Here’s the piece if you care to read it (it’s not very long), but if you want to skip all that, my suggestion is that you download an Ubuntu LiveCD (most people can simply use this link if they are not using a 64-bit cpu), burn it to a blank CD, and restart your machine with the CD in the drive. You’ll go right to a ‘LiveCD’ version of the Ubuntu Linux system that will let you test-drive everything in the system. You don’t need to use the console to install anything (all commonly used programs that might not be installed can be downloaded using the mouse, windows and buttons), you’ll be able to browse the internet right away, plus edit/open files of most types. The LiveCD experience is a bit slower because it’s running off a CD, not your hard drive, but for most people doing most things, Ubuntu really is all you need!

Podcasts

No, this isn’t a post about me wanting to do a podcast, rather this is about the podcasts I listen to.

In case you’re not familiar with podcasts, in simple terms they are radio shows that you download from the internet and listen to on your computer or MP3 player. Like radio shows, there are loads of different types of podcasts, with topics like humor, music, information, news, topical stuff, whatever you like. If you have software like iTunes installed (I prefer Juicer, which is open source) you can look for and subscribe to podcasts and the software will automatically look for the latest updates and download them for you to listen to at your liesure.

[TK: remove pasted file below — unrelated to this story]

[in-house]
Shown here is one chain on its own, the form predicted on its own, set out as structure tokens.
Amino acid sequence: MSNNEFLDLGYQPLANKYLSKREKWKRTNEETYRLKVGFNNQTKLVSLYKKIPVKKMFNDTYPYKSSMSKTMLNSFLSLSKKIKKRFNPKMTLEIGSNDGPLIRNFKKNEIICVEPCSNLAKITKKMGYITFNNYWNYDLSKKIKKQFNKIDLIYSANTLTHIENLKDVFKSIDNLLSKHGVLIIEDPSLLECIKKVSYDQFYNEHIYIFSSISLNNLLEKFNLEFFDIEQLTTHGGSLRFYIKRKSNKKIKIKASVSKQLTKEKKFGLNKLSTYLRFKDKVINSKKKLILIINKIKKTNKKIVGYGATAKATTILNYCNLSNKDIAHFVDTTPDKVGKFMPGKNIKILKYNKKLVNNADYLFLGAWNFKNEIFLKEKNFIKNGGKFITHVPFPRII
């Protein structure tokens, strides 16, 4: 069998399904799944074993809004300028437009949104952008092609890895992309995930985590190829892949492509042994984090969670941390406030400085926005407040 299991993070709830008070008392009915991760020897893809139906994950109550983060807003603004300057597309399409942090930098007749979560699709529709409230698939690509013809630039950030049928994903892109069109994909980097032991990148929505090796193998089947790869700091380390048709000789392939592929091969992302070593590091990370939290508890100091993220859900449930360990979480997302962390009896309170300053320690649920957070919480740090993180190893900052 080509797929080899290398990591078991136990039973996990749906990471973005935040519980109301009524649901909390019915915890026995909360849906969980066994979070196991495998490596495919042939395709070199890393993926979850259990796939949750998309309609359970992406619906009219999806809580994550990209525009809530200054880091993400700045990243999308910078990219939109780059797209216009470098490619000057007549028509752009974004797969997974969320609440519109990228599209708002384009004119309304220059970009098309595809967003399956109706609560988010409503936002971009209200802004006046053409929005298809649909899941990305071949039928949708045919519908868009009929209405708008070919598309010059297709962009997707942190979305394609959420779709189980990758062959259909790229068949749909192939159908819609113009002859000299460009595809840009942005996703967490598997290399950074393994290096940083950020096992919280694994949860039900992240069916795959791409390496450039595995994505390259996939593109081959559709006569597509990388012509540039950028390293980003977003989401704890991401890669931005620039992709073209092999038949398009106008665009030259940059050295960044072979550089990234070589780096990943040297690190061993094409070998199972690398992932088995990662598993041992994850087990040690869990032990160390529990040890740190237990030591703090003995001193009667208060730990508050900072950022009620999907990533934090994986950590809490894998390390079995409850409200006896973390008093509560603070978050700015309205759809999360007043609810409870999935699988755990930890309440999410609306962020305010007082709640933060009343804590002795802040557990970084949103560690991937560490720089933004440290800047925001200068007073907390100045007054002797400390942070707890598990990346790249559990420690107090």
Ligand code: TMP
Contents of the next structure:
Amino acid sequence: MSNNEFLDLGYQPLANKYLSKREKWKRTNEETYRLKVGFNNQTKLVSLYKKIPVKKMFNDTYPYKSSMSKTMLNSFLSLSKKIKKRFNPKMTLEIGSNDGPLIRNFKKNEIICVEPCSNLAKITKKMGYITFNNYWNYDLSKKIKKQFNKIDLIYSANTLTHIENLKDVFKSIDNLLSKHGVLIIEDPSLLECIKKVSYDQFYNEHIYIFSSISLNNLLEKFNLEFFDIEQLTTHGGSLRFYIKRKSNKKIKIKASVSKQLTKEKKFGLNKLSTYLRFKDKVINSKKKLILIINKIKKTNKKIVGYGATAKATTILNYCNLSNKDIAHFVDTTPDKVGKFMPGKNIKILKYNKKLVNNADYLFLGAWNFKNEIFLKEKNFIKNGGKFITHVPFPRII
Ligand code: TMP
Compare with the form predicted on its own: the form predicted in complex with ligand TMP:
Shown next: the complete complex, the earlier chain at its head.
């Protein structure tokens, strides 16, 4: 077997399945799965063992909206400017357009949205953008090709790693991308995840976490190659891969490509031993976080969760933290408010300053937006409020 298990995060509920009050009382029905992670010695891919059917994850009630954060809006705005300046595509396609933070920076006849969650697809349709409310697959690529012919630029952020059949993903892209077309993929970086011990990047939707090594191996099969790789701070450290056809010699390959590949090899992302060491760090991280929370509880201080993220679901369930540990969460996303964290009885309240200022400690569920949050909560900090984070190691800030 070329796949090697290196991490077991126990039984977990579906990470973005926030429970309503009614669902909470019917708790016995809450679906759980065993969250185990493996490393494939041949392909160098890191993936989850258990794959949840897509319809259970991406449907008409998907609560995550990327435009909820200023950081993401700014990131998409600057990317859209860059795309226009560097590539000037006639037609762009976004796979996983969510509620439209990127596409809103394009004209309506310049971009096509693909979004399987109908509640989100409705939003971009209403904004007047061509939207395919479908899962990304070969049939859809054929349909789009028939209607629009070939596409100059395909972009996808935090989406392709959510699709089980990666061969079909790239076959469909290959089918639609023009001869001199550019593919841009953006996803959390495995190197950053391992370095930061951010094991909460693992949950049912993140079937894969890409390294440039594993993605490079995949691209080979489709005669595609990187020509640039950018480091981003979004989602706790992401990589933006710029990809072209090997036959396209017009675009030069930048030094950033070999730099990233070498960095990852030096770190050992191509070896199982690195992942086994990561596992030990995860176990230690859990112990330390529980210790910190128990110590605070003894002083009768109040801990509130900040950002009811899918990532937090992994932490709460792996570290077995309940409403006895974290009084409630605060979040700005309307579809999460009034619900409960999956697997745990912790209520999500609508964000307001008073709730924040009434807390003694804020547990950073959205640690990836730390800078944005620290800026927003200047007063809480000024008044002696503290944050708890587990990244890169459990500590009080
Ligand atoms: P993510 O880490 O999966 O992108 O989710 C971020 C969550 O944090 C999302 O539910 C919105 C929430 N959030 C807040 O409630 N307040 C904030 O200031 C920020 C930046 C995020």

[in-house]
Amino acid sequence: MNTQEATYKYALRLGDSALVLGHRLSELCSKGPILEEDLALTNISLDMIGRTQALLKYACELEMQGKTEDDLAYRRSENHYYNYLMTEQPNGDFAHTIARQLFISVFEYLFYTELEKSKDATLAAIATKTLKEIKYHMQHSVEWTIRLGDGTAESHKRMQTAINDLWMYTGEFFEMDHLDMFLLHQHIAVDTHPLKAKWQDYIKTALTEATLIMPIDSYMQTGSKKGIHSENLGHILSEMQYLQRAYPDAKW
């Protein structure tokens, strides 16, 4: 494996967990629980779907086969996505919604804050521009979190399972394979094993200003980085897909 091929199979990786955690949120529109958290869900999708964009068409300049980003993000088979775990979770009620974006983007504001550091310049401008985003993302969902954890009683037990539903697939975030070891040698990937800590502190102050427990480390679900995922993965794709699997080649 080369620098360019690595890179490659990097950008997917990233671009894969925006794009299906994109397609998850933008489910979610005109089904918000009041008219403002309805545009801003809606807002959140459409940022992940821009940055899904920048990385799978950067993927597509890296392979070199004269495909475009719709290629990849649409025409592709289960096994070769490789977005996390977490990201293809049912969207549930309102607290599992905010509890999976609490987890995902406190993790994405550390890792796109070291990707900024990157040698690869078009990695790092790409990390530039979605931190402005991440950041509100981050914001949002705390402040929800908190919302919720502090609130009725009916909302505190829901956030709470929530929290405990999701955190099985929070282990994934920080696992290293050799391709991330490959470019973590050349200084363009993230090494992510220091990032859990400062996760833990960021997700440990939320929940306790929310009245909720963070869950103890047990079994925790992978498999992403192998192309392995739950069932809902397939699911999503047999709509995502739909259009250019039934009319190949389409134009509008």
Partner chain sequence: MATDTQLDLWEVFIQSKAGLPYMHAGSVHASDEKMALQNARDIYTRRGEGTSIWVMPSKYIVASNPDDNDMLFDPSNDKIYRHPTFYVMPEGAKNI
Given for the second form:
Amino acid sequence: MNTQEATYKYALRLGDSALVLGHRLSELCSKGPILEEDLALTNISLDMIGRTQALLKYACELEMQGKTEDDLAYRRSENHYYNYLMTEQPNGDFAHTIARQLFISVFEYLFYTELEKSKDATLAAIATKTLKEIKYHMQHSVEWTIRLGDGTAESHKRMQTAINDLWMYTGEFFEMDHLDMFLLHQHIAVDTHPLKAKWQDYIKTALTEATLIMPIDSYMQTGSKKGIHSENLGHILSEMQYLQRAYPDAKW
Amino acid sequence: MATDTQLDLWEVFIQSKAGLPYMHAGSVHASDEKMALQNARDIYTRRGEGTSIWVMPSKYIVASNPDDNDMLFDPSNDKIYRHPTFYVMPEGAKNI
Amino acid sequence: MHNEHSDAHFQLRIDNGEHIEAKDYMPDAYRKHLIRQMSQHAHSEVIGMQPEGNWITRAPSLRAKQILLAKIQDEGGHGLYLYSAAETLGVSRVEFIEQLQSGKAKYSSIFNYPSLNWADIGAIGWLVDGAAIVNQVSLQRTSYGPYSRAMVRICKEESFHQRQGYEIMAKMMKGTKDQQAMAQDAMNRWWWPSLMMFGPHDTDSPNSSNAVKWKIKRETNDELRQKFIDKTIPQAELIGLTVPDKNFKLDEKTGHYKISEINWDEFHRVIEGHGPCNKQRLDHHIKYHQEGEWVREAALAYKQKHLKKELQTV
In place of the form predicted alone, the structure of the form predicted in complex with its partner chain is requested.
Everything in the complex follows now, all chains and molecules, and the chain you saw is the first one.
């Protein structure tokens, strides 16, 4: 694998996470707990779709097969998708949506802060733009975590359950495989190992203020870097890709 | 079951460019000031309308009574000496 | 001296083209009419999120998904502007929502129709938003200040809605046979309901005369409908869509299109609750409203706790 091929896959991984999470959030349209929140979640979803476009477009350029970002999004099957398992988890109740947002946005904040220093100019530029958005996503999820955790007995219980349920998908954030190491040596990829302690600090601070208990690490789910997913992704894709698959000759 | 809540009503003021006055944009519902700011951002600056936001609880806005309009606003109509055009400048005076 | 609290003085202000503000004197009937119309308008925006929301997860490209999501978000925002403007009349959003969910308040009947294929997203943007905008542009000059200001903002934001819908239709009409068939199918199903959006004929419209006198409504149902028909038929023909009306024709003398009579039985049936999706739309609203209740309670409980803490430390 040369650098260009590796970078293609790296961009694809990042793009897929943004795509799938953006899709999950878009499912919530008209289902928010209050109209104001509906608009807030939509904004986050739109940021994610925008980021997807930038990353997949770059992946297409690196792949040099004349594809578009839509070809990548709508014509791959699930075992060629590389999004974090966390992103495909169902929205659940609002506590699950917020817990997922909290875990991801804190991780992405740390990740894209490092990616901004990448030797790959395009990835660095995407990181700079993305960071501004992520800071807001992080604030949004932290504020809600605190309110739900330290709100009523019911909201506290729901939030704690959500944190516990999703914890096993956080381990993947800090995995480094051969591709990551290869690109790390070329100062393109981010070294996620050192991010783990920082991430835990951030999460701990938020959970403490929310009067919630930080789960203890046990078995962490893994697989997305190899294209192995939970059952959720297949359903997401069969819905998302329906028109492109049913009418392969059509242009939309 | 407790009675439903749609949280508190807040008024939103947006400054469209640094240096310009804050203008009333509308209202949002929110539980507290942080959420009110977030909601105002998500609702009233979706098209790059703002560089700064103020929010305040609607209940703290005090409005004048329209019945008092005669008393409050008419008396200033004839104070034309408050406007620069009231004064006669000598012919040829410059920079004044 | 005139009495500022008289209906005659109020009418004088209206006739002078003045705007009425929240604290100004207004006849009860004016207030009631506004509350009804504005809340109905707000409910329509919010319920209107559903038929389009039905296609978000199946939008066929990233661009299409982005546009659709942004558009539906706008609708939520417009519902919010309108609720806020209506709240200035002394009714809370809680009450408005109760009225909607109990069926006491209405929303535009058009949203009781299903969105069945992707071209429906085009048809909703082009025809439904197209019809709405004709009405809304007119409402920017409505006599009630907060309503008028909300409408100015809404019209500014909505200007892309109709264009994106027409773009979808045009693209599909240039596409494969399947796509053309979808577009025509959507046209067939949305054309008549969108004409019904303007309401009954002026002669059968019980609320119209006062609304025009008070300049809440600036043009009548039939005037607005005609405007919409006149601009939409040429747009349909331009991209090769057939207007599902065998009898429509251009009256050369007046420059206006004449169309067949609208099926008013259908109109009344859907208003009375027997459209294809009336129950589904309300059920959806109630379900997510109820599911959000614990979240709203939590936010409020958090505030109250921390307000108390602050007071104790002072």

To subscribe to these podcasts, just check out this simple instructions page from one of the podcasts I listen to.

Here are some of the podcasts I listen to regularly now, with links to their podcast feeds (i.e., subscription links):
The Kevin & Bean Show on KROQ – a morning radio show from LA/Orange county in southern California. KROQ is an ‘alternative rock’ station that plays a lot of new rock acts. Very student-y demographic. Their podcasts are updated every day with the best bits of each morning’s show.
The Mark & Brian Show on KLOS – another morning show from the same area. An older demographic and sometimes they put up their funnier routines online.
7th Son novel – the author of this series of novels reads a chapter for each podcast. Kind of a thriller/government conspiracy kind of book
Kill the Desktop – a newish podcast, these are a couple of guys who talk about techie stuff pertaining to web-based software packages
Diggnation – the guys who run the ‘social news’ site Digg.com talk about the top stories submitted by members every week
TWiT – This Week in Tech, this is hosted by one of the guys from Tech TV and he has different guests on each week to talk about the latest tech/gadget/geek news
Cnet Buzz Out Loud – a daily tech podcast
Beyond Organic – A US-based podcast that goes into some detail about the latest in organic foods, including government controls, etc.

Podcasts I’m trying out:
TwistCast – got this link from the 7th Son guy I think, these are young British guys who go on about various things. I’ve only listened to a couple of their shows so far.
Dan Carlin’s Hardcore History – this guy goes into a bit of detail about various historical periods
Children of the Gods – nope, not anything to do with van Daniken, this is another podcast novel that basically extends the story of Independence Day, and the events that happen after the movie.
TWiG – This Week in Geek…sci-fi geek, not gadget/computery geek!